Dear Amelia Bedelia: what the hell is the matter with you?

Dear Amelia Bedelia headerMy first-grader was recently given the assignment of writing to her favorite fictional character. She picked Amelia Bedelia. While “favorite” may be a stretch– as you will soon see– I thought my seven-year-old’s questions were excellent and deserved a larger forum.

So here it is: an Open Letter to Amelia Bedelia.

wiy do you misunderstand

Dear Amelea bdelea

wiy do you misundrstad evrething? 

Yeah Amelia Bedelia. Why do you misunderstand EVERYTHING? One or two miscommunications a day might be acceptable in an employee. You get zero things right. Ever. Peggy Parrish established that you speak English, and that you are intelligent enough to walk upright, so I’m here to say it out loud: you are playing dumb ON PURPOSE.

spotsdressI mean, you have to be. Here you are “removing spots” from a dress. Okay, yeah, cute. We all know Mrs. Rogers is pretty high-maintenance so I’m figuring there were probably two actual food spots on the dress, tops. Otherwise she would have written down “take dress to thrift shop,” and you would have escorted the outfit to Goodwill for a full day of retail therapy. A dress trying on dresses. Oh Amelia Bedelia!

By the way: this super-wrong thing you are doing here would take (by my conservative estimate) about three hours longer than just scrubbing the two damn spots with a Shout stick. Is this all some sort of sick joke?

have you ever worked

Hav you avr wrkt as a hows cepr befor?

Sick burn from a seven-year-old. But I’m actually asking: Amelia Bedelia, have you ever worked as a housekeeper before? Have you ever worked before? Have you ever been on this planet before today?

You have no backstory; you never talk about your years as, say, a Rockette. Perhaps you’re in a Witness Protection Program of some sort. Your lack of history notwithstanding, despite your clear lack of aptitude for domestic service, you never try to do anything else. You have ruined homes, lives, entire bloodlines every day for HALF A CENTURY.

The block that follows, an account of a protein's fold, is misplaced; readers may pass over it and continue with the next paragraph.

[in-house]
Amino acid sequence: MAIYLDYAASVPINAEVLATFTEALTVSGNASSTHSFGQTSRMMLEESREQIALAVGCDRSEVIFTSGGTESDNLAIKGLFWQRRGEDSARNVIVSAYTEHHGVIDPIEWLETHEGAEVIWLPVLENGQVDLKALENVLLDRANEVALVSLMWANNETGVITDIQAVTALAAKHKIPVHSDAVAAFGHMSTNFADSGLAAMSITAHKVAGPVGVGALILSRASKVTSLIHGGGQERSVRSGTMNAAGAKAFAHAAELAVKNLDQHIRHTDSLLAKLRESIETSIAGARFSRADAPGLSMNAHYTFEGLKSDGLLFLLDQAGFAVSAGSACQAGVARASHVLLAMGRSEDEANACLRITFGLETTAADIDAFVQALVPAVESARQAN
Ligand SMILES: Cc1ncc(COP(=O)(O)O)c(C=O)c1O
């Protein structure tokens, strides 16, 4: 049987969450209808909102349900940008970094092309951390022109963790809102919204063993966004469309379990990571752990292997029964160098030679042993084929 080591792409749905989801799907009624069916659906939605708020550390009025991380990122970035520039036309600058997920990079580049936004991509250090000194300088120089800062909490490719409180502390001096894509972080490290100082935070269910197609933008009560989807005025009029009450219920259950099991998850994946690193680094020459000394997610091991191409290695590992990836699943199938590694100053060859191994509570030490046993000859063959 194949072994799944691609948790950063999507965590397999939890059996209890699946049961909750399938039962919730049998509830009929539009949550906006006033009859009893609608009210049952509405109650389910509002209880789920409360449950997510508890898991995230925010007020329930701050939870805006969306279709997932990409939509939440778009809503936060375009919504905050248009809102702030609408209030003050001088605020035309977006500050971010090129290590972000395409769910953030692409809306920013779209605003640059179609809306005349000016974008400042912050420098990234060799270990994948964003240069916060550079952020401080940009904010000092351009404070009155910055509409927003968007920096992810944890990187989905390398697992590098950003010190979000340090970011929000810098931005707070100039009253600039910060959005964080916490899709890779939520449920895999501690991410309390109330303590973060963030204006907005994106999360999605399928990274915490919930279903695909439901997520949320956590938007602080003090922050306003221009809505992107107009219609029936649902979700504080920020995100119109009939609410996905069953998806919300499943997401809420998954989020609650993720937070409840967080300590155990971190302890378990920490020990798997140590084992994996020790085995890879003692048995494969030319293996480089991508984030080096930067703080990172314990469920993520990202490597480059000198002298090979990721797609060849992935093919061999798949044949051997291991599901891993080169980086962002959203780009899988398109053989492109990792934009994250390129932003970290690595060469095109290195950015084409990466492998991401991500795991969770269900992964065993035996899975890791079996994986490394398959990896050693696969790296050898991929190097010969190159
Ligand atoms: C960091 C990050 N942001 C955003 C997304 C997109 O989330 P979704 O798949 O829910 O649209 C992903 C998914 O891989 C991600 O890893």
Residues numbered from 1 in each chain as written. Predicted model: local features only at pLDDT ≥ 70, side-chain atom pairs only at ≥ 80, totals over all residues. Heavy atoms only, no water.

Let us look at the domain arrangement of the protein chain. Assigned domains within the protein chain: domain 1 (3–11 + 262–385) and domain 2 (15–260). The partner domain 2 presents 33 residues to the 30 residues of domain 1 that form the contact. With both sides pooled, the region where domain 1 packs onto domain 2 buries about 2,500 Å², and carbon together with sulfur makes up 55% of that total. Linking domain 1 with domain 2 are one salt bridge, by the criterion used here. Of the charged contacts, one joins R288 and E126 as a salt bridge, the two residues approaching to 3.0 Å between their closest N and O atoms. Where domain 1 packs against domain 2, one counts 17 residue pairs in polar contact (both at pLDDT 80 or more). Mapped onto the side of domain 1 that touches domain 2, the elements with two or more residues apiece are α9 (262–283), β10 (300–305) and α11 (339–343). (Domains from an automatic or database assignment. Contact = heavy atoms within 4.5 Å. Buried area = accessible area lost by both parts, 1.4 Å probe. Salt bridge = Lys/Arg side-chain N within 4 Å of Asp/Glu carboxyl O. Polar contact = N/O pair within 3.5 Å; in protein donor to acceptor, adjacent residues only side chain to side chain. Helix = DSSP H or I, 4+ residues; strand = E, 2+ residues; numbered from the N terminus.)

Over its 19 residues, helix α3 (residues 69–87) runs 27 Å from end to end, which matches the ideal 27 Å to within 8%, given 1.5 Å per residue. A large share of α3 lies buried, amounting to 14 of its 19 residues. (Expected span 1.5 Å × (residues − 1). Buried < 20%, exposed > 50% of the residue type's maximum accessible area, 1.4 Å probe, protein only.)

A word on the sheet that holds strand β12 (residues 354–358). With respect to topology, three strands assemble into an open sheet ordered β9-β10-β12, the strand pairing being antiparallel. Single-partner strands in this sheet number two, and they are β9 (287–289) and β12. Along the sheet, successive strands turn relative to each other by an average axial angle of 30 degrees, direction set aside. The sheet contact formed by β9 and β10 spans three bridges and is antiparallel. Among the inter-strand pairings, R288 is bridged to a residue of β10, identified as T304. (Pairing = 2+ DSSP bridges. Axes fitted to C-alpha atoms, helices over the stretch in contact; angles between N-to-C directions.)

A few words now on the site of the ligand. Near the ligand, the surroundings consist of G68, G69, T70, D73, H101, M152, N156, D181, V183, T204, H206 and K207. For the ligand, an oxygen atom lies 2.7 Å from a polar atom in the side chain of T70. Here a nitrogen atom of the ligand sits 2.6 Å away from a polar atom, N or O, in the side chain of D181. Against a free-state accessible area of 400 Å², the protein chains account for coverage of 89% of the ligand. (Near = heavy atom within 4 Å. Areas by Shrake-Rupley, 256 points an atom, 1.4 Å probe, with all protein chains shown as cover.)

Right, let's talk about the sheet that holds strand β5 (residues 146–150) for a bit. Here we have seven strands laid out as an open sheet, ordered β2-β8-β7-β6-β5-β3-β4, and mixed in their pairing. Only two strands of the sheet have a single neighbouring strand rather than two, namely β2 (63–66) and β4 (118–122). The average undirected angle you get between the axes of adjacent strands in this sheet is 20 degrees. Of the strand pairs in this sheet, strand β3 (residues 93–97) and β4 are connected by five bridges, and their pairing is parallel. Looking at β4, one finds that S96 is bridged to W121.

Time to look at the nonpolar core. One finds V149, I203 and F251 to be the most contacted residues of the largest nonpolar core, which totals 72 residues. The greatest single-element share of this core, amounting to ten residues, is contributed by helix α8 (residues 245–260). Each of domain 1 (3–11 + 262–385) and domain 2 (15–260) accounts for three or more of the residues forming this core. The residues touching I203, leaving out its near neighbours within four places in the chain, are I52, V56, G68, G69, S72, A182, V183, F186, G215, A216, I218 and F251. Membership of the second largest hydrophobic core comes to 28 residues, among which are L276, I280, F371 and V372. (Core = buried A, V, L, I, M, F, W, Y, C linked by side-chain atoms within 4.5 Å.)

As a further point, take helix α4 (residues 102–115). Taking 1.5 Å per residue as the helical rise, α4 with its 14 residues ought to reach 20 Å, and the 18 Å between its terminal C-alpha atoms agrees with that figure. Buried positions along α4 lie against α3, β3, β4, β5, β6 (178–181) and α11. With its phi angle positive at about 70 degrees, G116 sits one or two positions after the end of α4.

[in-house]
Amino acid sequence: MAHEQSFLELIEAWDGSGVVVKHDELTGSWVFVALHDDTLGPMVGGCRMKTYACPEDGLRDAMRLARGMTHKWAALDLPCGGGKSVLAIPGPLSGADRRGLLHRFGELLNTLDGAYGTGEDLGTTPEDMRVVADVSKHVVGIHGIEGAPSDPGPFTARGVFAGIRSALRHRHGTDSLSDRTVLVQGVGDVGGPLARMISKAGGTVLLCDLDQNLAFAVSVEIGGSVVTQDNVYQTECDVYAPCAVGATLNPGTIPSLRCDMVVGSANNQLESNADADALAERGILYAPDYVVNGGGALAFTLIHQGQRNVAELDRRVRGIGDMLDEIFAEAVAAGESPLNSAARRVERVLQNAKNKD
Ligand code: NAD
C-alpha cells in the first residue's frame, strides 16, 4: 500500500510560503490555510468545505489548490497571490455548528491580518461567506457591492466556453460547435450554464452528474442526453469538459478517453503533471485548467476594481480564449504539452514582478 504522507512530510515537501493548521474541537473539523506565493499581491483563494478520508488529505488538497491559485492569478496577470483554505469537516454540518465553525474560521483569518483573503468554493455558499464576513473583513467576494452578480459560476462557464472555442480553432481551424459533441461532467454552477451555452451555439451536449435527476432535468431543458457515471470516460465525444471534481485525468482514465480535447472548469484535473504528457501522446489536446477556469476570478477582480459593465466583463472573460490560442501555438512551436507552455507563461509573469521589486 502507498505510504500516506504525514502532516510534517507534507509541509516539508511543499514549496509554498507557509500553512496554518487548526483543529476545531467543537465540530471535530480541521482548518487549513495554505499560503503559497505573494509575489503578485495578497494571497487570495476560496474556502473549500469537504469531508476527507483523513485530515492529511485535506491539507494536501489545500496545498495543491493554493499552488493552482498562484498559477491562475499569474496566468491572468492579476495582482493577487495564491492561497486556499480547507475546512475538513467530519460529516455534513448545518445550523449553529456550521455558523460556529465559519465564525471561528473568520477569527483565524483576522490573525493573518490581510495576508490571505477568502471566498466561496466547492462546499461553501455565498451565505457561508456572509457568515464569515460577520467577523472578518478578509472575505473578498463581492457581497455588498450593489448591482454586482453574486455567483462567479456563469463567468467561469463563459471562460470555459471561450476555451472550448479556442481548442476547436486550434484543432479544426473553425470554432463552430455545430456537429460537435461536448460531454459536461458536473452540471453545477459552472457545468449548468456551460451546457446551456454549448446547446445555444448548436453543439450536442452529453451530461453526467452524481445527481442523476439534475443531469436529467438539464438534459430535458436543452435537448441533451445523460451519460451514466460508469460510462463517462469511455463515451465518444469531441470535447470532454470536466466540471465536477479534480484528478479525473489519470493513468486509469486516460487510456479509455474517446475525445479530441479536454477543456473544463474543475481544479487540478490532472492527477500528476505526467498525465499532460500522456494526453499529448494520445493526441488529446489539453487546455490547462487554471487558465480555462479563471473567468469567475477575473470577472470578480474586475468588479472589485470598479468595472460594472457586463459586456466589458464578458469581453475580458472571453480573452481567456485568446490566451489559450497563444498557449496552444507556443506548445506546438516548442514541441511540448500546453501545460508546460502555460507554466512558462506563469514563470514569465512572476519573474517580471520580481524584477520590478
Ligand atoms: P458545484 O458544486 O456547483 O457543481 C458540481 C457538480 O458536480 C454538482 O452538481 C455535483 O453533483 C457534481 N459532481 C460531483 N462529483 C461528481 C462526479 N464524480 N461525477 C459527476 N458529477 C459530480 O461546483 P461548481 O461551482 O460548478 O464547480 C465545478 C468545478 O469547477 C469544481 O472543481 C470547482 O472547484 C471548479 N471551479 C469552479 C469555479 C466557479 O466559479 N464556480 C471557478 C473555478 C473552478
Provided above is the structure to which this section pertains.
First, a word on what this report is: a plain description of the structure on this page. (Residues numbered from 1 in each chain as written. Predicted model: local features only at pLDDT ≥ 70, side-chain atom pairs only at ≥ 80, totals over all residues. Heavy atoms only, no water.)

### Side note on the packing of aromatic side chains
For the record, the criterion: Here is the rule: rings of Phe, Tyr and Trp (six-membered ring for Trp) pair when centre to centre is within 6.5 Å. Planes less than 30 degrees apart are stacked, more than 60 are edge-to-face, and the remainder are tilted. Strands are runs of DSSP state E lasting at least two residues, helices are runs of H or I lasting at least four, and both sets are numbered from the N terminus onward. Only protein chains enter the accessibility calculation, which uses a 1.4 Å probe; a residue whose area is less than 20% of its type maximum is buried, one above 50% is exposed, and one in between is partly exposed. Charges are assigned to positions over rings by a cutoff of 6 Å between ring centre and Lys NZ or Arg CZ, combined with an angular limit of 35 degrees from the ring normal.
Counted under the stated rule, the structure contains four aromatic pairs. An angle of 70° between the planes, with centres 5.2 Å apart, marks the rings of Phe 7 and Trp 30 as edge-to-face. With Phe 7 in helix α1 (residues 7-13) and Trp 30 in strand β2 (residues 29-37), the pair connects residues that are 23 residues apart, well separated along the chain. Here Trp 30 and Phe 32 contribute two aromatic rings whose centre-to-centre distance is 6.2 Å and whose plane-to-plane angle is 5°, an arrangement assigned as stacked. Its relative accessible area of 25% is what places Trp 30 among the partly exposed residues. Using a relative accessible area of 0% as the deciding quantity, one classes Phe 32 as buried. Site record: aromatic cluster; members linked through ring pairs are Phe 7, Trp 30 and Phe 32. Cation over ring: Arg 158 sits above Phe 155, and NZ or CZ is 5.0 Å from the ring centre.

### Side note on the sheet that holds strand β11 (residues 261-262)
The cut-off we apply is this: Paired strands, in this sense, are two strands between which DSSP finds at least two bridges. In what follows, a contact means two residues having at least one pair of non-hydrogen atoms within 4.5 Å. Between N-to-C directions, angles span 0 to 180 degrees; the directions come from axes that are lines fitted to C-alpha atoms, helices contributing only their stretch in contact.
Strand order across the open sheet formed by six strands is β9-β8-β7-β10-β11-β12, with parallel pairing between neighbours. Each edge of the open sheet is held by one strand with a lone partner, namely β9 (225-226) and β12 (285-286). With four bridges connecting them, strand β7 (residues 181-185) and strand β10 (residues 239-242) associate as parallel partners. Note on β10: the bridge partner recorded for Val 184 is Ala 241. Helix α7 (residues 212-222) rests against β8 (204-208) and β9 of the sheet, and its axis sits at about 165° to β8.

Have you heard what the definition of insanity is, Amelia Bedelia? It’s reading the same book to your kid for the thirty-seventh time that wasn’t even that funny the first time around.


Wut do you put in your pie that maks it tast so gud?


Is it powdered heroin? What can you possibly put in your baked goods that would make Mrs. Rogers go from upside-down-triangle eyebrows to blithe acceptance in a single bite?

There is something UP with that lemon meringue pie and I hope Mrs. Rogers gets some forensic testing on it soon, because there is just no way anything you bake could tast gud enough to undo the world of fuckups you leave behind every day when you leave to catch the 5:08 bus to Simpletown.


not so sile

I lkie to read about you being so sile

I hop in your next book you are not so sile.

Here’s the thing, Amelia Bedelia. We GET IT. It is your shtick, it’s worked for you for fifty years, why would you change? But have you ever heard of something called “diminishing returns”?

Never mind. See, the real reason we keep reading is that all of us, fools that we are, hop you will NOT be so sile this time around. That you won’t RUIN EVERYTHING.

Amelia Bedelia ruining everything

The children of America are asking you nicely: in your next book, a little less of this, if you please?


In other words, do not be so evil sile.

good luke